The Commissioner granted the Association’s petition. Specifically, the Commissioner linked the PTE period of the‘956 patent to the period of the U.S. PTE and shortened the PTE period to 496 days (which was the U.S. PTE period) instead of 1,014 days (the original PTE period). The “reference” U.S. PTE was granted approximately one year after the grant of the Israeli PTE.

Merck challenged the constitutionality of the transitional provisions applying Amendment No. 7 retrospectively. The District Court rejected Merck’s arguments. Nonetheless, the court granted Merck’s alternative basis for the appeal. Based on the legislative history and the language of the statute, Merck distinguished between linkage to the PTE period (number of days) and linkage to the expiry date of the reference PTE/SPC. Specifically, Merck argued:

  1. With respect to the linkage to the PTE period, only a reference PTE/SPC already granted at the date of grant of the Israel PTE will be eligible to shorten the PTE period; and
  2. With respect to the linkage to the expiration date, any reference PTE/SPC will count, regardless of whether it is granted before or after the grant of the IL PTE.

The court agreed this interpretation. As a result, the U.S. PTE order (granted after the Israeli PTE) was no longer relevant and the Israeli PTE was extended by additional 9 months (based on linkage to the German PTE).

The court’s decision that the period of the Israel PTE could only be linked to the period of a reference PTE/SPC granted until the grant date of the Israeli PTE could have important consequences.

Please continue to watch the BRIC Wall Blog for updates on PTE in Israeli.

This post was written by Lisa Mueller and Liad Whatsein of Liad Whatstein & Co.

Biologics and Biosimilars Bits and Bytes – December 10, 2015

Amgen files for first European Approval of a Biosimilar to Humira®

On December 4, 2015, Amgen Inc. (Amgen) announced the filing of a Marketing Authorization Application (MAA) with the European Medicines Agency (EMA) for ABP 501, a biosimilar version of AbbVie Inc.’s (AbbVie) Humira® (adalimumab). According to Amgen, its MAA submission included analytical, clinical and pharmacokinetic data. Amgen conducted Phase 3 comparative efficacy and safety studies in both moderate-to-severe plaque psoriasis and moderate-to-severe rheumatoid arthritis patients. Amgen indicated that its Phase 3 studies met their primary endpoints showing clinical equivalence to Humira®. The safety and immunogenicity of ABP 501 was also comparable to Humira®. Additionally, data to support the transition of Humira® patients to ABP 501 was also included in the filing.

This MAA filing follows Amgen’s November 25, 2015 filing of a 351(k) application with the U.S. Food and Drug Administration (FDA) for ABP 501.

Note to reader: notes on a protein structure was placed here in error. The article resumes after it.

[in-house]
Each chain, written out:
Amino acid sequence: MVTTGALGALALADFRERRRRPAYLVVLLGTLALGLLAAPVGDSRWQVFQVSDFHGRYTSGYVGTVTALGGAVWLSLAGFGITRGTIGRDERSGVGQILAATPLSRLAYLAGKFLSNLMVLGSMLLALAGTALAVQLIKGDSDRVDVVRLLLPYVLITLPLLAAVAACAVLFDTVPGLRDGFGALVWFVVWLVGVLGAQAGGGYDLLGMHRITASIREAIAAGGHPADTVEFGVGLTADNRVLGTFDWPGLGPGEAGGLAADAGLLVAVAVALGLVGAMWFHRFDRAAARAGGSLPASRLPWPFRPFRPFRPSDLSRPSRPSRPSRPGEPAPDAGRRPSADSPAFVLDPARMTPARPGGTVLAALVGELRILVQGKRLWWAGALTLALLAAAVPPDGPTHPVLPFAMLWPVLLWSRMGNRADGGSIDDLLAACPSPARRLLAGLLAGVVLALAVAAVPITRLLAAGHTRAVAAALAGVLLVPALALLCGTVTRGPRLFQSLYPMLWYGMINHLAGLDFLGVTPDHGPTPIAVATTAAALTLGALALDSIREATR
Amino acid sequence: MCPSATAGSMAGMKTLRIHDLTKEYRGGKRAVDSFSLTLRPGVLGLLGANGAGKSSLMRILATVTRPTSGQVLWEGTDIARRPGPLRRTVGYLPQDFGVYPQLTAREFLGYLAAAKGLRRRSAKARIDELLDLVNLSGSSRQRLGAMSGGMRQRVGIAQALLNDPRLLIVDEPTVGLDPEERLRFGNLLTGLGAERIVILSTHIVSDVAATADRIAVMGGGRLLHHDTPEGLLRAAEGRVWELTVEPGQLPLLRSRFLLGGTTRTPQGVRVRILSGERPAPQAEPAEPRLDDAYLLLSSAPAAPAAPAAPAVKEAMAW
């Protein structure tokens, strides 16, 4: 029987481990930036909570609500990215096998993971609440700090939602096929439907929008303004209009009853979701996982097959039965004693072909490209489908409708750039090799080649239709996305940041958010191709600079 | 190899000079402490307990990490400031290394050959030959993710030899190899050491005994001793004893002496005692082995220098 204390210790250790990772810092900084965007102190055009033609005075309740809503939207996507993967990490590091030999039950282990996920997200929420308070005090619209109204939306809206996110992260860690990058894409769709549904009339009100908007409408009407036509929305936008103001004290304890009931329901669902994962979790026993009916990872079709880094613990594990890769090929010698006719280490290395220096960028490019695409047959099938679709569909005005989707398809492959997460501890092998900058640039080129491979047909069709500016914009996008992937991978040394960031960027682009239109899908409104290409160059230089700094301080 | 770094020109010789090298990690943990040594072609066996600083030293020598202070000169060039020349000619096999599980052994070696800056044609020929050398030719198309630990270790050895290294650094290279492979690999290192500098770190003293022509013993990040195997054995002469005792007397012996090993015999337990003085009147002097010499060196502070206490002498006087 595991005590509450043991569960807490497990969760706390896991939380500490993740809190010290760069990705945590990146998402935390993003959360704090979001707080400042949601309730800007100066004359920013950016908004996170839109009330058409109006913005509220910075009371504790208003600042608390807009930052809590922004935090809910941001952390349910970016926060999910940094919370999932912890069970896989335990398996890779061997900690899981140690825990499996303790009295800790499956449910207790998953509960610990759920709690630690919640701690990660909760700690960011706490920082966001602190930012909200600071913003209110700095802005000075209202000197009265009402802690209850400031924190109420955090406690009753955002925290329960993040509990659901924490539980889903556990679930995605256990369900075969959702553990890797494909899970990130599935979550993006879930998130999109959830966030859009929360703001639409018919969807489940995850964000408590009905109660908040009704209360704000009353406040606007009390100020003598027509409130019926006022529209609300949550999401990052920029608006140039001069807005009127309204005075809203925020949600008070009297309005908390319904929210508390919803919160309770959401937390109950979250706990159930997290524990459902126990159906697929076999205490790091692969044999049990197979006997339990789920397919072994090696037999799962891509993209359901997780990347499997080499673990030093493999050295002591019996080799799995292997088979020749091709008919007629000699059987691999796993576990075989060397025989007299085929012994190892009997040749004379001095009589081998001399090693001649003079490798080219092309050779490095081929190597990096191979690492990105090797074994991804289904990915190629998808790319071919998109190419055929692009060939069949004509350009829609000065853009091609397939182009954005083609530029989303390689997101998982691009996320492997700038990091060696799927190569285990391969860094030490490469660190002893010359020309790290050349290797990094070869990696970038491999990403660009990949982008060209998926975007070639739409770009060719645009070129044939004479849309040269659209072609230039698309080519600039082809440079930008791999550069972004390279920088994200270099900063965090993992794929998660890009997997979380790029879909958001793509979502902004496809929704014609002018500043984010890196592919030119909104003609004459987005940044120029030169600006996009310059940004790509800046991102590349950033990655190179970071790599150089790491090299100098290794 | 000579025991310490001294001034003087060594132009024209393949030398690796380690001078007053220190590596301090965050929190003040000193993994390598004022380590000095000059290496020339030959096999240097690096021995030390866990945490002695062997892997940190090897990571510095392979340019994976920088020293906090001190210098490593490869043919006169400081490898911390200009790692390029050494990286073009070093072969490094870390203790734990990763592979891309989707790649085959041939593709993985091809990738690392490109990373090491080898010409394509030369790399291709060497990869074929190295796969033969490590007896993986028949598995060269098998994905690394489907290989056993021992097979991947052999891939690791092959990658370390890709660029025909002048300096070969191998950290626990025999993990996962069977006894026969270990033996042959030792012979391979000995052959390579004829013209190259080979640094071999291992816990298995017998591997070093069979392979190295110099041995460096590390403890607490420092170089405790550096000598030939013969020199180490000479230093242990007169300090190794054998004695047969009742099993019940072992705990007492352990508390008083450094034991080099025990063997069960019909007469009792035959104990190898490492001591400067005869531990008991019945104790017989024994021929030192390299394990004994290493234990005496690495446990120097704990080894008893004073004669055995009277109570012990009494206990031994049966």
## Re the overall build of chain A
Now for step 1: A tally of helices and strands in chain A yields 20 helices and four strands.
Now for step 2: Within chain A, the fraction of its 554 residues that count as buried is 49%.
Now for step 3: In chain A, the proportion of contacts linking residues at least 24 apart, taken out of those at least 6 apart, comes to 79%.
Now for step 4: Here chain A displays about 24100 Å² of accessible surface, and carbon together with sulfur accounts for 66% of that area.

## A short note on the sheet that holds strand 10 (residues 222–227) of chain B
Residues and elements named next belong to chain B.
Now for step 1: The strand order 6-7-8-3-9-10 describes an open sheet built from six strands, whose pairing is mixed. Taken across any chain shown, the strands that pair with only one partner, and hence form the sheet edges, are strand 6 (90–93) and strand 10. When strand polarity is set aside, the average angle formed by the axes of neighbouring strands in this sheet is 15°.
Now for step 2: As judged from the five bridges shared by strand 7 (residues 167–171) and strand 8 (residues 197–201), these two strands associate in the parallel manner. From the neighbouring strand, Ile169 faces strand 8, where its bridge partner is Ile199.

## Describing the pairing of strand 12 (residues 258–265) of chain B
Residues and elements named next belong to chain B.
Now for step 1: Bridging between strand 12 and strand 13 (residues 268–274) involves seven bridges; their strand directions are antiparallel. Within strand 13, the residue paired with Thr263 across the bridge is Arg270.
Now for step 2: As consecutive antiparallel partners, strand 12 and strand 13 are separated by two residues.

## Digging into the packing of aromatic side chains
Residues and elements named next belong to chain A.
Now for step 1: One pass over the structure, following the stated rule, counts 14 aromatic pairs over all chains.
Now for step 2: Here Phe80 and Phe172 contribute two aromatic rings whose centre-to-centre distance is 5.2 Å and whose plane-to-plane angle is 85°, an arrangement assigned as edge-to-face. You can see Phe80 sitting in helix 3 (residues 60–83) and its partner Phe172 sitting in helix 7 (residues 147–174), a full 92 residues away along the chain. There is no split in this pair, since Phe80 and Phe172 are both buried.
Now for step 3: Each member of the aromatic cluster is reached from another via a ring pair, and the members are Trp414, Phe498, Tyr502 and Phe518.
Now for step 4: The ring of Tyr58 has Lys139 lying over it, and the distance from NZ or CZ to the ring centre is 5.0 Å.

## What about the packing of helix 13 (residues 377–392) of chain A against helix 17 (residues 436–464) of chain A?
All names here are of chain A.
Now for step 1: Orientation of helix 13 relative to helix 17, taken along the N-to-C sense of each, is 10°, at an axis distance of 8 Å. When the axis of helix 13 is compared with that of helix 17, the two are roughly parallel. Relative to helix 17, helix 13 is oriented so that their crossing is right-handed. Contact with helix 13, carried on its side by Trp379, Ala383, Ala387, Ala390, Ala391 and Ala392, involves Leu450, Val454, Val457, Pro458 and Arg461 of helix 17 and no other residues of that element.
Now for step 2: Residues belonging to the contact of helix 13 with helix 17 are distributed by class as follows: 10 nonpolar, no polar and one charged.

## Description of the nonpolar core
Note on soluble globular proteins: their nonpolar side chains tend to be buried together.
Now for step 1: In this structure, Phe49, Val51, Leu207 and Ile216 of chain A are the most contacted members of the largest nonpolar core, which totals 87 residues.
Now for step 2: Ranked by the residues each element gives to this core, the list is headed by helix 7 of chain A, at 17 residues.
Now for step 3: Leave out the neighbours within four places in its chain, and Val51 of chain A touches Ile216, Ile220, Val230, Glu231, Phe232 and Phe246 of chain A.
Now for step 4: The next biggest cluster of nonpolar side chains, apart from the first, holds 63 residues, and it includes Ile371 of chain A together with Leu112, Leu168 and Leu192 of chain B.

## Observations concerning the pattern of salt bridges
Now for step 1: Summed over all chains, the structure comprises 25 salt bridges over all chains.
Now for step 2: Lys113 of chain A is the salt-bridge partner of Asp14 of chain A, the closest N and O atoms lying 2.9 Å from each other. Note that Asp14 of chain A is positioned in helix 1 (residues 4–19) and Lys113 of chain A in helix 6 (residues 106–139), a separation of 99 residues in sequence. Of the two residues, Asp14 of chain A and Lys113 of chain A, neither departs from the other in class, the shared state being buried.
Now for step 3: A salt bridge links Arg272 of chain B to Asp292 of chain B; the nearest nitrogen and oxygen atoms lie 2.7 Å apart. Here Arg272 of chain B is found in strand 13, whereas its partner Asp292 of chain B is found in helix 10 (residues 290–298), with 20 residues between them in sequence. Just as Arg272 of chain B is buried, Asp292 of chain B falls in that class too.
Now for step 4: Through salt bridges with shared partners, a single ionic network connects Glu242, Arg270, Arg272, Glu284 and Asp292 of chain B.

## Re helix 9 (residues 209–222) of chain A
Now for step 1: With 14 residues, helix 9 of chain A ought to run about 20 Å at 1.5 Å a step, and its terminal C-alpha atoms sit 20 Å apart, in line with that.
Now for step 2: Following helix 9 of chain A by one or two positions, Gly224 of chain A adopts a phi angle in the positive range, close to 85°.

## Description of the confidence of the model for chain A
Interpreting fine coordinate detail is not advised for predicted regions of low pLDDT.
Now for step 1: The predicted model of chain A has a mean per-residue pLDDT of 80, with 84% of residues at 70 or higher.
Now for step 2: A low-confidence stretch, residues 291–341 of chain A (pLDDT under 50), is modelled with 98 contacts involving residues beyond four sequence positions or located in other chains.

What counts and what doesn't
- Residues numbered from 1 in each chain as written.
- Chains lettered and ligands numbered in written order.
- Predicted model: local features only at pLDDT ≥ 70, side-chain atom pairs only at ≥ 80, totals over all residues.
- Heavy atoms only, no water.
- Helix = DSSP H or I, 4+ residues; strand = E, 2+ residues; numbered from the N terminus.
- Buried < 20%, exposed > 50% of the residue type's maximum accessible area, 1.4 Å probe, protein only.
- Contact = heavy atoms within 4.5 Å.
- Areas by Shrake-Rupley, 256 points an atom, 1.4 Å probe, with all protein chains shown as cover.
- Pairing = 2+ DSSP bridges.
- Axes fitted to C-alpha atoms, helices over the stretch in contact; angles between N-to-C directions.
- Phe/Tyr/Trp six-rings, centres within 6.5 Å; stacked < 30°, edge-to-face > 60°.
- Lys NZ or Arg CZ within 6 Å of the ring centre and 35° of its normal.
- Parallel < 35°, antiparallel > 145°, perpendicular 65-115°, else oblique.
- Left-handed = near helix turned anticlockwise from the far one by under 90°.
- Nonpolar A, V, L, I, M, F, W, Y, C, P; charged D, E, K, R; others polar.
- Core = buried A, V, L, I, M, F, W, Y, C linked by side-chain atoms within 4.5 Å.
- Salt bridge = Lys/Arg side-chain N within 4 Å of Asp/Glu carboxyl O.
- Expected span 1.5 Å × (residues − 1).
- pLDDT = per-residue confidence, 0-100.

Coherus Files Two New IPR Petitions against AbbVie’s Patents Covering Humira®

On December 7, 2015, Coherus Biosciences Inc. (Coherus) filed two new IPR petitions, IPR2016-00188 and IPR2016-00189, against AbbVie’s U.S. Patent Nos. 9,017,680 and 9,073,987 covering Humira®. These filings come almost a month after the November 9th filing by Coherus of IPR petition, IPR2016-00172, against another AbbVie patent covering Humira®, U.S. Patent No. 8,889,135. Coherus’ three IPR petitions can be found here: 1. IPR201600188 2. IPR201600189 3. IPR201600172. This brings the total number of IPR petitions filed against AbbVie patents covering Humira® to five. Earlier this year, on June 26, 2015 Amgen filed IPR petitions, IPR2015-01514 and IPR2015-01517 against two other AbbVie patents, U.S. Patent Nos. 8,916,157 and 8,916,158.

Infliximab Biosimilar Approved in Korea

On December 4, 2015, Samsung Bioepis Co., Ltd., (Samsung Bioepis) announced that Korea’s Ministry of Food and Drug Safety (MFDS) approved Renflexis®, a biosimilar version of Remicade® (infliximab), also known as SB2. Renflexis® was approved for the treatment of rheumatoid arthritis, ankylosing spondylitis, Crohn’s disease, pediatric Crohn’s disease, ulcerative colitis, pediatric ulcerative colitis, psoriatic arthritis and plaque psoriasis. This is the second biosimilar approved in Korea for Samsung Bioepsis, a joint venture between Biogen and Samsung Biologics. The first approval was in September 2015 for Brenzys®, a biosimilar version of Enbrel® (etanercept), also known as SB4.

In February 2013, Samsung Bioepis and Merck & Co. (Merck) announced a development and commercialization agreement under which Merck would commercialize multiple pre-specified and undisclosed biosimilar products in certain partnered territories. Under terms of the agreement, Samsung Bioepis was responsible for preclinical and clinical development, process development and manufacturing, clinical trials and regulatory registration. Merck was responsible for commercialization. As a result, Merck will commercialize Renflexis® in South Korea and plans to launch in the first half of 2016.

This post was written by Lisa Mueller.